In order to construct a point of view that conveys the right attitude and belief for your campaign, think about the story. The use of narrative codes, such as Propp’s character types and Todorov’s theory of storytelling, will improve your understanding of how texts are structured.

The best products will contain a wide range of shots and effective mise-en-scène, including props and costumes. In other words, do not limit your filming to your school. Use a logo within the advert in a way that promotes brand recognition.

Dialogue will be your biggest challenge. If you have a friend or family member talking to the camera, they need to stand close to the microphone so their voices are not lost in the wind. Dubbing dialogue to match the words with the actor is incredibly difficult. Fortunately, the microphones on most modern phones are excellent so you will have no trouble recording voice overs for your advertisements.

Finally, be aware that most free online editors will place a watermark the footage and charge you a small fee for removing their logo. Your school might have access to Adobe Premiere and After Effects, but do not be daunted by the software. Get stuck in.

For the top marks, you will need to demonstrate your awareness and skill of continuity editing. Check out this guide to continuity editing for six essential tips about working with your footage.

It is impossible to expect students to create a feature length film or an entire television programme. However, trailers and opening sequences are an excellent way for you to demonstrate your awareness of genre and form.

The minimum requirements will include at least two filming locations and the full range of camera shots, angles and movement to support the narrative.

You will also need to consider the mise-en-scene of each shot, including props, costume and lighting.

Although all the footage must be original, you can use existing music for the soundtrack.

The narrative codes need to be appropriate for the genre and form, so research the conventions of trailers and opening sequences. Watch lots of examples to increase your understanding of how these texts engage the audience.

Choose and combine signifiers that create the right representation for your story. The use of titles and graphics should reinforce your message and the action codes need to be appropriate for the target audience.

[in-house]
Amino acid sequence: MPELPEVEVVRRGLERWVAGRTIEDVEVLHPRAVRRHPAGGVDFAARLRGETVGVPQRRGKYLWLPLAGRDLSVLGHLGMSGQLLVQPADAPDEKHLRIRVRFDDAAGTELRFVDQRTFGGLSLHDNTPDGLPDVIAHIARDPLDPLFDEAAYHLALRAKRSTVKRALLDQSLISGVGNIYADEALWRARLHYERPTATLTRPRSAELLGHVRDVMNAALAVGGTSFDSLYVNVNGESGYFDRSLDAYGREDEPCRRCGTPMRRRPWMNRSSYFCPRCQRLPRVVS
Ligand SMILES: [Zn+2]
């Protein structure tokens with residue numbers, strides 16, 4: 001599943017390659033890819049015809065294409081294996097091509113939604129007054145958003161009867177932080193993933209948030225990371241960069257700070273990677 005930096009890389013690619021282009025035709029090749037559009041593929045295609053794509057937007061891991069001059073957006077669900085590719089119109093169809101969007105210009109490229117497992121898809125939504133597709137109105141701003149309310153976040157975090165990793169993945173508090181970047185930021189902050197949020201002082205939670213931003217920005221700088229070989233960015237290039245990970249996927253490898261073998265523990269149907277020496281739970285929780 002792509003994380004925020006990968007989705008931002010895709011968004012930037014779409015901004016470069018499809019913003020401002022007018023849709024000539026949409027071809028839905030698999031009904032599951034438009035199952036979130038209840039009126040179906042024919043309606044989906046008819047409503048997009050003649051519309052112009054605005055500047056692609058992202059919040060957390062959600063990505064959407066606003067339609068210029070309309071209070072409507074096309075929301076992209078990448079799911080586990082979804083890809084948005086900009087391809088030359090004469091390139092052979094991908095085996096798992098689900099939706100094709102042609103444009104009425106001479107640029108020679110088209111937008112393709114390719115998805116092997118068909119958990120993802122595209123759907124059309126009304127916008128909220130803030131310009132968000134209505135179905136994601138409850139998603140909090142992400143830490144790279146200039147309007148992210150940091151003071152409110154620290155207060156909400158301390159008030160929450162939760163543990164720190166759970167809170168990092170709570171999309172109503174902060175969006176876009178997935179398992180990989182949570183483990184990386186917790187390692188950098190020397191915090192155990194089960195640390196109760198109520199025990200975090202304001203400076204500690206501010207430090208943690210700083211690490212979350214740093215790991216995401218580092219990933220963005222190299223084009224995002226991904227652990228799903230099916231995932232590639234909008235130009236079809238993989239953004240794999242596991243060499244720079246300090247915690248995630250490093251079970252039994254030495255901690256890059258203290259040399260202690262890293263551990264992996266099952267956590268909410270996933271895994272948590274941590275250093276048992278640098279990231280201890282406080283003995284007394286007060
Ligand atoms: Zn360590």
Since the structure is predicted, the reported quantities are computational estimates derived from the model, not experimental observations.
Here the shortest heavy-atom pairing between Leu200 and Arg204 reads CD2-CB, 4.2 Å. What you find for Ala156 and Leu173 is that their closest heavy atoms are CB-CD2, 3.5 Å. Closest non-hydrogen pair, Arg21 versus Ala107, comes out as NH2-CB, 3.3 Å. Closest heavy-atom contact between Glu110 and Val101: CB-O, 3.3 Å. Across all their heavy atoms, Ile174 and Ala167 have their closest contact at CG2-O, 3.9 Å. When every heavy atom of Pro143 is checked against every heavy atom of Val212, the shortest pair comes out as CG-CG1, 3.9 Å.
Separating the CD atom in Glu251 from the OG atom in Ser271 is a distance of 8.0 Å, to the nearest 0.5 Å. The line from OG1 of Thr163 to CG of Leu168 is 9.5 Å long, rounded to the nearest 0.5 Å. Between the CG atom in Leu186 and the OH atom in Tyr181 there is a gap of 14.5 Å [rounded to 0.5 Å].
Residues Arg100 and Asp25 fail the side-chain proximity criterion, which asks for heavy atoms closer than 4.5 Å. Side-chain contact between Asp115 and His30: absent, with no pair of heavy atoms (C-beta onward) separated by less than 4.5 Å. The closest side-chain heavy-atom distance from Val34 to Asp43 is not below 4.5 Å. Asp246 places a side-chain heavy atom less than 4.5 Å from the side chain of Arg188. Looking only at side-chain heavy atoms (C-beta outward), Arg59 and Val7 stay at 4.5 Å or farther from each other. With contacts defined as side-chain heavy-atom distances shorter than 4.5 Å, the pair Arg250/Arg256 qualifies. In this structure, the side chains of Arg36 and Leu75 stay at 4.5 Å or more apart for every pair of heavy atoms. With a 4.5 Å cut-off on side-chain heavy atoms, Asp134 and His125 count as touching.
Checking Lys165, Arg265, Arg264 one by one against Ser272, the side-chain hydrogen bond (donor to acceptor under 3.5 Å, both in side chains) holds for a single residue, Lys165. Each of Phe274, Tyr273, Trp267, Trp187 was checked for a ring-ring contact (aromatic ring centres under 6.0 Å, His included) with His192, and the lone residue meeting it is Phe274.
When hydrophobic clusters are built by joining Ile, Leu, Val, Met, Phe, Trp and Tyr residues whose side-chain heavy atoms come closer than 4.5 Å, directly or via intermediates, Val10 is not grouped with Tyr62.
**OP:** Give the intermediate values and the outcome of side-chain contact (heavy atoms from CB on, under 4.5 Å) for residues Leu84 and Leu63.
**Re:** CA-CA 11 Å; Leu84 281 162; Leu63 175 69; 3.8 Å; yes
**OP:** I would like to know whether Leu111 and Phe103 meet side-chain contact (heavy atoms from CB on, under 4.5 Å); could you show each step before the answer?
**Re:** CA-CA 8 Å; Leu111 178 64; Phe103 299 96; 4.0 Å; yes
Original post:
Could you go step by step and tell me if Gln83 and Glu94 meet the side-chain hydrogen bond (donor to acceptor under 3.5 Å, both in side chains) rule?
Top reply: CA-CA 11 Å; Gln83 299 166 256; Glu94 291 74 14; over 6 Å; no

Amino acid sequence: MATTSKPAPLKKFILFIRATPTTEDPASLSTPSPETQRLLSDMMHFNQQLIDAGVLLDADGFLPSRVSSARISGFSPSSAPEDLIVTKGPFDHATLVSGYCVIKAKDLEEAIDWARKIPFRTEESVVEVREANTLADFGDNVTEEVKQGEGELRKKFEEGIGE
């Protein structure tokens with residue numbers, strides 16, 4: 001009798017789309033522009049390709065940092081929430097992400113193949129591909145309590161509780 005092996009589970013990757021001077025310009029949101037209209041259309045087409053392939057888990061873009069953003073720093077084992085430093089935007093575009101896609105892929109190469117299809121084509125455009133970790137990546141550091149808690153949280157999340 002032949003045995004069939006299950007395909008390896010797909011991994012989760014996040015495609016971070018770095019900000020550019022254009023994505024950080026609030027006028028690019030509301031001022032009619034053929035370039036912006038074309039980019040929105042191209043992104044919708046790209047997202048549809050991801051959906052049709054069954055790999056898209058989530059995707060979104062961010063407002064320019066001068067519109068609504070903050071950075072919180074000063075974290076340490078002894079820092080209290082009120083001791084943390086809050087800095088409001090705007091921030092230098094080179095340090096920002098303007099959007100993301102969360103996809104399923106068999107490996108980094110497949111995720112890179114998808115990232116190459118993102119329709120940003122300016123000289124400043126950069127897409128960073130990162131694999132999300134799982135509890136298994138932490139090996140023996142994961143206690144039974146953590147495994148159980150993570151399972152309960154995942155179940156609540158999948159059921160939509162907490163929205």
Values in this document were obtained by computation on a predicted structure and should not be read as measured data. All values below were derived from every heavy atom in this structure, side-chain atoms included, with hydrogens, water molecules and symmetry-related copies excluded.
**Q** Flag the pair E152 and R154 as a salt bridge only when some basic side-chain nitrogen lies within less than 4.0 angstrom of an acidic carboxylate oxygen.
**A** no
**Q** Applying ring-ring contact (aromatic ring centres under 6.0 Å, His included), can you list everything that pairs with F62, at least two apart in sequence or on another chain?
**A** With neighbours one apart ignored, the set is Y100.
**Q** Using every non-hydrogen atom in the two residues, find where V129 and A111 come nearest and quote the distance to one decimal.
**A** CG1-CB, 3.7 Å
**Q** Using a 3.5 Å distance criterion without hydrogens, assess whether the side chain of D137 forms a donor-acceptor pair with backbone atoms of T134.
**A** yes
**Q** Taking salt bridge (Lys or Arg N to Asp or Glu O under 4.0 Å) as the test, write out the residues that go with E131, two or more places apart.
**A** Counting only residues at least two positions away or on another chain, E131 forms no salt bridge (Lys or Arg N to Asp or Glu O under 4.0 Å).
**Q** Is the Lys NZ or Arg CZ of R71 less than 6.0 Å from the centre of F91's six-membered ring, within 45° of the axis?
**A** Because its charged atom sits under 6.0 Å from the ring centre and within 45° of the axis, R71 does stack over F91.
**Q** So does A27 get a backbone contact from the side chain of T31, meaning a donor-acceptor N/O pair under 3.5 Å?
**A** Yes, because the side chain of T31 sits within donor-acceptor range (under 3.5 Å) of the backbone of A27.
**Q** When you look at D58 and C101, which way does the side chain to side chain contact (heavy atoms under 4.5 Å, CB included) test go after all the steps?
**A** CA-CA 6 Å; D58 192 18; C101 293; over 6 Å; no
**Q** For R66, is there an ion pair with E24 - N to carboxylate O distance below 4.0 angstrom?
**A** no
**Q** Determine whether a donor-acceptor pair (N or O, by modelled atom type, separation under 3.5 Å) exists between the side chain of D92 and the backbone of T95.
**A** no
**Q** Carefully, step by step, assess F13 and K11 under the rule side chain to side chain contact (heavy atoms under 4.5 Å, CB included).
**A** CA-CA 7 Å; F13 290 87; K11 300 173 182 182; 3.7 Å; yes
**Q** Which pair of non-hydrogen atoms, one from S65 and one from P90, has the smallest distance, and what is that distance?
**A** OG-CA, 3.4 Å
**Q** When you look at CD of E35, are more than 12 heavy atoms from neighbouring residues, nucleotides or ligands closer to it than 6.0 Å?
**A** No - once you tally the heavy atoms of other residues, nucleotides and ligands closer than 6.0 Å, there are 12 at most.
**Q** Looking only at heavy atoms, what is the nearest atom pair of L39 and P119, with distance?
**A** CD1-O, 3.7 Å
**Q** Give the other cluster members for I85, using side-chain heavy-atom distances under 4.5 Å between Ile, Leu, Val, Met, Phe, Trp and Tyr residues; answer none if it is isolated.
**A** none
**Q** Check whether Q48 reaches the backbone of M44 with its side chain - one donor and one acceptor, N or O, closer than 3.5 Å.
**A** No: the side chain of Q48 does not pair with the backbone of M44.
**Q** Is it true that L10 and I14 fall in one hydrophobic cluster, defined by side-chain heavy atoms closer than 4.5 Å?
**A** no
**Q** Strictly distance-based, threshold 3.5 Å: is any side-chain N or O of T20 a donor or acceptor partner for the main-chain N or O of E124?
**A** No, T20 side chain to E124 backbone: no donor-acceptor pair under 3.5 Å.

Finally, your texts should position the audience in relation to the characters and situation. Put simply, your villain should look like a villain.

Radio and Podcasts

The style of your text will depend on the brief. Factual broadcasts and news reports will have a different tone to a “behind the scenes” feature of a red carpet event. The target audience will also influence the rhythm of the piece.

You will probably need three minutes of content and at least three different voices to meet the minimum requirements. Use appropriate language and mode of address throughout.

Listen to a range of podcasts and tune into various radio stations. What conventions do these broadcasts follow? How do titles and non-diegetic sound help create meaning? What narrative codes are used to engage the target audience?

A narrator, interviewer or presenter can help establish the structure of the broadcast. They can also help anchor the listener’s interpretation of the situation or product. The use of different voices helps create interest, but pay attention to representation.

Statement of Intent

You must also complete a Statement of Intent which outlines the connections between your knowledge of the key concepts and your own media texts. If you would like some suggests how to approach the Statement of Intent, please visit our guide. It is also important you are aware of the mark scheme so you should also read our outline of the coursework assessment objectives.